The Fire Element has four Organs, encompassing the Heart, Pericardium (the oft-neglected and unsung hero of the Organs of TCM in my beginner’s mind), Small Intestine and Triple Burner Organ systems which are in charge of moving our Blood throughout our body, and of which houses what is known as our Shen or spirit, our life-spark.  When our Heart has been impacted, we can suffer from palpitations, mental restlessness, dream-disturbed sleep, too much talking, memory issues, repressed emotions, manic behavior, and pains in the chest area.  The Pericardium is the sac that surrounds the Heart.  It is the protector of the Heart, much like a moat that surrounds and protects a castle, the Pericardium bears the brunt of trauma and shock protecting the Heart from as much damage as possible. The Pericardium is also known as the circulation sex – hence it helps us relate to others. If the shock to the Pericardium is severe enough, both the Pericardium and Heart are impacted and impeded by various symptoms and patterns of imbalance. (I hope to explore more of this with you at a later date, as I’ve become quite fascinated with the Pericardium.)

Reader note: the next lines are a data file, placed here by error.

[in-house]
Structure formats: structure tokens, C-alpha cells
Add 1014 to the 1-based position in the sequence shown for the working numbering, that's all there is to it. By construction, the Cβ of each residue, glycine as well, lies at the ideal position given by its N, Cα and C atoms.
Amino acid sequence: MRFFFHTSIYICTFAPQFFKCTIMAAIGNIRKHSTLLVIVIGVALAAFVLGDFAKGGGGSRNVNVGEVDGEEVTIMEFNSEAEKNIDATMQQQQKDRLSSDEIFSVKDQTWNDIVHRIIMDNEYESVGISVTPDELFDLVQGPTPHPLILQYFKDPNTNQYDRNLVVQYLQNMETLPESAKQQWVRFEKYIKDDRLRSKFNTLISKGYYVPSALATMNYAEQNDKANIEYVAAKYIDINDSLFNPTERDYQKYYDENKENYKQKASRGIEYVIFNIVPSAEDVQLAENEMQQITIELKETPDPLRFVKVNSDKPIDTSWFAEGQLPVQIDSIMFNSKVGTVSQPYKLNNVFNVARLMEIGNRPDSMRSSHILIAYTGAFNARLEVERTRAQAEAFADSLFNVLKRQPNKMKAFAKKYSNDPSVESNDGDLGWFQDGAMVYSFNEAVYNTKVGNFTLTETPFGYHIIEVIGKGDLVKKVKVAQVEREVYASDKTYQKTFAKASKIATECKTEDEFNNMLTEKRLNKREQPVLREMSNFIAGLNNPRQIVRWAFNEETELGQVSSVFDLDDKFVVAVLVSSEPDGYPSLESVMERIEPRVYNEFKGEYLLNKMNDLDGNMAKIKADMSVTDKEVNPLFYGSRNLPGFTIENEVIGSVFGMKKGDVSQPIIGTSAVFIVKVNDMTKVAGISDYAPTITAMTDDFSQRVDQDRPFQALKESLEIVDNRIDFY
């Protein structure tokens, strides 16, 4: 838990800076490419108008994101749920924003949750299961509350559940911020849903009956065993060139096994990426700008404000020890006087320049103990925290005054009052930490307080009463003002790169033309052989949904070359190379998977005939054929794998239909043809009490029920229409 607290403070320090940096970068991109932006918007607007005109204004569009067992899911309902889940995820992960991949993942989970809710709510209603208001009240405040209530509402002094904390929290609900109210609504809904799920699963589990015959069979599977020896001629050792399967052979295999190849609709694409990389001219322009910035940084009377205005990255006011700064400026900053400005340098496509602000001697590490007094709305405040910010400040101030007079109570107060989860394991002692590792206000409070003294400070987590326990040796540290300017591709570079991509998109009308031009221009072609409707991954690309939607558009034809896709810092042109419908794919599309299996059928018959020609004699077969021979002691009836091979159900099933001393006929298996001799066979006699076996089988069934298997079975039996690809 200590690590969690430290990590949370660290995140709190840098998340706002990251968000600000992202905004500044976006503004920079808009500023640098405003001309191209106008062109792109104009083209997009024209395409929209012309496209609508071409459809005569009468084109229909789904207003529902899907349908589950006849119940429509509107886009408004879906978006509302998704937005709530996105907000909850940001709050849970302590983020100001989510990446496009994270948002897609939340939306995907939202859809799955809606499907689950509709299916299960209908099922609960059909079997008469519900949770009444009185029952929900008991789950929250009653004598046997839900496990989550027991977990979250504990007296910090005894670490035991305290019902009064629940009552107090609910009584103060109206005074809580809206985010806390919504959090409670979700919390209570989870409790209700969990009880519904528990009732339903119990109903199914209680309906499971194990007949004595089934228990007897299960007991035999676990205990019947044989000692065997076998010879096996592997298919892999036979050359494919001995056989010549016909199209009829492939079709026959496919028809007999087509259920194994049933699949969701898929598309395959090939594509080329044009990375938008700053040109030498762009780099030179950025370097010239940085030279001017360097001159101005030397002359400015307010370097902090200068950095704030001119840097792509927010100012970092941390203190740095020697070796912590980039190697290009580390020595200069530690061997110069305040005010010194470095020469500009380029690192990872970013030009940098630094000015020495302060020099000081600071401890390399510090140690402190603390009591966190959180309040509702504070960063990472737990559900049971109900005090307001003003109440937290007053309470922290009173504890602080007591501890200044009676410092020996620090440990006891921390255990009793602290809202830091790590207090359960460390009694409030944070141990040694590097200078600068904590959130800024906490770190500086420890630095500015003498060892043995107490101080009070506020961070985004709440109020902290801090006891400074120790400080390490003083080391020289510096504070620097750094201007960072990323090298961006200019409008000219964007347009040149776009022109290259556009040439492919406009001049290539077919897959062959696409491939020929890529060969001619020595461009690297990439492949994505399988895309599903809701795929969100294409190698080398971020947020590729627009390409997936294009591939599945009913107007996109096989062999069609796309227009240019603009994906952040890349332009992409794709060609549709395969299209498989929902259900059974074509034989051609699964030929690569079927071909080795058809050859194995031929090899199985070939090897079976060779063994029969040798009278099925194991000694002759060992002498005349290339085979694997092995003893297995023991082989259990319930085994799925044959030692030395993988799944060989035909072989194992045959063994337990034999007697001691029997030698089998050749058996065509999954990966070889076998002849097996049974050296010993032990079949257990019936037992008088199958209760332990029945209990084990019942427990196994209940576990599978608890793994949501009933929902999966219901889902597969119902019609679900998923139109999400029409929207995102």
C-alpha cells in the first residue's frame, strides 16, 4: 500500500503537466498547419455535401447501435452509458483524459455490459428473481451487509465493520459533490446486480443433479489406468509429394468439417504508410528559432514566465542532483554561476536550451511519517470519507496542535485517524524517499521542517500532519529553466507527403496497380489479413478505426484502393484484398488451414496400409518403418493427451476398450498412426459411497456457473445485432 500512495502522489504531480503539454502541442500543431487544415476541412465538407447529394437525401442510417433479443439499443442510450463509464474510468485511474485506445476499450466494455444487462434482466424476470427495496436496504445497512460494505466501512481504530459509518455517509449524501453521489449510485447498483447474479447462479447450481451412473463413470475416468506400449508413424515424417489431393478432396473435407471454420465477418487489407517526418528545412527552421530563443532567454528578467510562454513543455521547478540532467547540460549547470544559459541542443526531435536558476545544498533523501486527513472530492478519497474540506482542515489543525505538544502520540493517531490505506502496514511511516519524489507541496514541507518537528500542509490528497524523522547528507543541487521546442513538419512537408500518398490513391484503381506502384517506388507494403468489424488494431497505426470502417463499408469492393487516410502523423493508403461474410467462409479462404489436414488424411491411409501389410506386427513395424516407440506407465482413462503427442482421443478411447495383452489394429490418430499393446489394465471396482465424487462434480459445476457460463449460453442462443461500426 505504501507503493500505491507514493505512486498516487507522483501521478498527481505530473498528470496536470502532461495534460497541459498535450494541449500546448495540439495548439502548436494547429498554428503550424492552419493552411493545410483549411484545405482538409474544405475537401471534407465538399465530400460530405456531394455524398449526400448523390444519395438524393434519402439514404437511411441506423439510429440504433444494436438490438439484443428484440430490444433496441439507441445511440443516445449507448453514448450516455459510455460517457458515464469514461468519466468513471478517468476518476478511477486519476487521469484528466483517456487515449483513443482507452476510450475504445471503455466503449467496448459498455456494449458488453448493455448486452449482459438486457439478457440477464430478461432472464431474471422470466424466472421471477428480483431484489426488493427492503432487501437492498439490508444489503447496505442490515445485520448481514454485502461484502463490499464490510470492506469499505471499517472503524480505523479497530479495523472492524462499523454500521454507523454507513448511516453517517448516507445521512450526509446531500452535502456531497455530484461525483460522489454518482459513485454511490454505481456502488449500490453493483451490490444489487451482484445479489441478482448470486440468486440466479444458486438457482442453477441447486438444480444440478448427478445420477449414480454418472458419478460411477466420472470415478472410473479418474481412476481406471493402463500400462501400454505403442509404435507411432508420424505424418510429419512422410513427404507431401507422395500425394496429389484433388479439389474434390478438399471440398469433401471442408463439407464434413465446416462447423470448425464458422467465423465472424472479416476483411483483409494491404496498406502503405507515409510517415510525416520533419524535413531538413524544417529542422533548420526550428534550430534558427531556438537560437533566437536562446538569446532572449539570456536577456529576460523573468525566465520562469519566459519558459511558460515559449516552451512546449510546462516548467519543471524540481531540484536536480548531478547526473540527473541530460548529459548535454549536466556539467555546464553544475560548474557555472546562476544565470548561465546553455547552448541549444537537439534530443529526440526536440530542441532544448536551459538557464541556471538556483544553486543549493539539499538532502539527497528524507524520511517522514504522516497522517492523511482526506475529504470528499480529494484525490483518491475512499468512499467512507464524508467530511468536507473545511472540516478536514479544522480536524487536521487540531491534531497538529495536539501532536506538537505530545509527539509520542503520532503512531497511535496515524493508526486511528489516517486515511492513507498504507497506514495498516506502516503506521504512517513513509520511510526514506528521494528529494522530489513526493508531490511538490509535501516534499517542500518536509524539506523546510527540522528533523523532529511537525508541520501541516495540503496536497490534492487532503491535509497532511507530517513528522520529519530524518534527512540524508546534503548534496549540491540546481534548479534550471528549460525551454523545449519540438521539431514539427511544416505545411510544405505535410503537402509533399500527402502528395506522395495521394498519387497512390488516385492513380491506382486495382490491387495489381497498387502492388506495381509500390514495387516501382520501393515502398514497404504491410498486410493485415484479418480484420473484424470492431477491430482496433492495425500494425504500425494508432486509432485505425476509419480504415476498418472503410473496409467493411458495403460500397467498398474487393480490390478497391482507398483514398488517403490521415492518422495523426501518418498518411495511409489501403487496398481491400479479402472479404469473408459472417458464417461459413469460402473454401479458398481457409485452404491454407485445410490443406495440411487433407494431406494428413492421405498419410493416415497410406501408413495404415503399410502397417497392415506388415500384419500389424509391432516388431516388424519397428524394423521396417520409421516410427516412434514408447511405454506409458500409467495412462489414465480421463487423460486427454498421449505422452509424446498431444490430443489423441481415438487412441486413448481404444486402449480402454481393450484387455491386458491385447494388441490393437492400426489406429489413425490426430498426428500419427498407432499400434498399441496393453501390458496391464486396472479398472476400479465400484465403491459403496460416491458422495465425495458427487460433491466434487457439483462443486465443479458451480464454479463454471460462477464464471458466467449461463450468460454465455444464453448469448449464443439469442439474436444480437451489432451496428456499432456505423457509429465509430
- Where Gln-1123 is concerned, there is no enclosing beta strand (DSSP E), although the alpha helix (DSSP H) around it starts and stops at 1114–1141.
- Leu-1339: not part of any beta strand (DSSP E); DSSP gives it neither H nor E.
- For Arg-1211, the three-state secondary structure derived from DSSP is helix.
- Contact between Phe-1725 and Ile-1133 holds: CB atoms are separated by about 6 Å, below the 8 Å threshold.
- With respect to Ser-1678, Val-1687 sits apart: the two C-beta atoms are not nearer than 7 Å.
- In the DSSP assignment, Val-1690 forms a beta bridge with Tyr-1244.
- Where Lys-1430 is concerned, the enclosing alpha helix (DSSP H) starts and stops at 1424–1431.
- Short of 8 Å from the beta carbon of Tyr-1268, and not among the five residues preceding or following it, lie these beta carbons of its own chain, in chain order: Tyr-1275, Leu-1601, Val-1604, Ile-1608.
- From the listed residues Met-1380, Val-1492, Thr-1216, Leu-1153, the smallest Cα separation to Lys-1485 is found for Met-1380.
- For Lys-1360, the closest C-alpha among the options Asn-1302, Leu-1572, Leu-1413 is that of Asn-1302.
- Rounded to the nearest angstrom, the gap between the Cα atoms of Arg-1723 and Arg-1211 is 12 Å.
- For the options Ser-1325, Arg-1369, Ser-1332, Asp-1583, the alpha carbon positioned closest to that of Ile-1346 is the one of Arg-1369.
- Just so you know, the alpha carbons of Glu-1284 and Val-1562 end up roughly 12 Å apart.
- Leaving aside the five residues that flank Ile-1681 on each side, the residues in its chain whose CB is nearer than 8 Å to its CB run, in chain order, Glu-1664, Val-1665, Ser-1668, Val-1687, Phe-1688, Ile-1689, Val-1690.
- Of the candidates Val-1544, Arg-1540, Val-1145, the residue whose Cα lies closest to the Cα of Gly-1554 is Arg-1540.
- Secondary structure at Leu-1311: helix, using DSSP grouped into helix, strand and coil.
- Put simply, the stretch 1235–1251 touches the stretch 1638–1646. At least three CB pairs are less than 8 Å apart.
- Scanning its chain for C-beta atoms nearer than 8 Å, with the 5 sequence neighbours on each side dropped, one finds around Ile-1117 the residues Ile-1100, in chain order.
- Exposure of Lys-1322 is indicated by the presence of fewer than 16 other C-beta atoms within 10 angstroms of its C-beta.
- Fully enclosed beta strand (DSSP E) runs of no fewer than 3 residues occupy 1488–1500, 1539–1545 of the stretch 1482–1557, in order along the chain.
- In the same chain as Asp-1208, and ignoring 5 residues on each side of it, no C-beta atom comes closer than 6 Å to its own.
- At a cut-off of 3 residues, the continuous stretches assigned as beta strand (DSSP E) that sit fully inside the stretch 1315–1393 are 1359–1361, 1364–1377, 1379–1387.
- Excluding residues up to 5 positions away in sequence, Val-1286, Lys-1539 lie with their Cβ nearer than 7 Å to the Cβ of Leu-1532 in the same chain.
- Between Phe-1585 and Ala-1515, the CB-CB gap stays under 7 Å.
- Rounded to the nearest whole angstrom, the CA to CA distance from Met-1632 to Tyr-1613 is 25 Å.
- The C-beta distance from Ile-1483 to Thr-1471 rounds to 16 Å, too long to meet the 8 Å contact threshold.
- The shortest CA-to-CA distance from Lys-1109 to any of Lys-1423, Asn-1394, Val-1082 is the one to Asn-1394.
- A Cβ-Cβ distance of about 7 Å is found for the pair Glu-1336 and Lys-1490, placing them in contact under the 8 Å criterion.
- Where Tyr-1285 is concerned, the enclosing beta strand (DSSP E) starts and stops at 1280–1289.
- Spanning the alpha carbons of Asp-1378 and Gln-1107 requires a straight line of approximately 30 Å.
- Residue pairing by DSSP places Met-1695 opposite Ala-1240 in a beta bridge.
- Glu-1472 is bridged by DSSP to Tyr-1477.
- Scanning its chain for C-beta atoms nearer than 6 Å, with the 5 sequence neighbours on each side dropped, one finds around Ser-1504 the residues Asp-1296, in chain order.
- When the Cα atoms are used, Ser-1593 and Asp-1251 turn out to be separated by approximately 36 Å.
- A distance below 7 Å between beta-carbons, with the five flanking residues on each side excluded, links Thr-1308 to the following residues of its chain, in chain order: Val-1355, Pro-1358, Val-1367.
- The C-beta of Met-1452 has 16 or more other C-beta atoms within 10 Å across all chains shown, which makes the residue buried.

The Earth Element holds the Spleen and Stomach systems, which are in charge of digesting and transforming our food and experiences, helping to create the Qi and Blood we need to live our lives to the fullest. When out of balance we can worry or chew on the same issues again and again and again, like an ill-digested meal; have feelings of heaviness, undigested food in the stools, loose stools, lack of sense of taste, appetite/hunger issues (either constant or lack thereof), the inability to fulfill goals, and being needy or having trust issues. Earth Element seems to have the most problem maintaining boundaries, as it nurtures and provides for the rest of the body, mind and soul.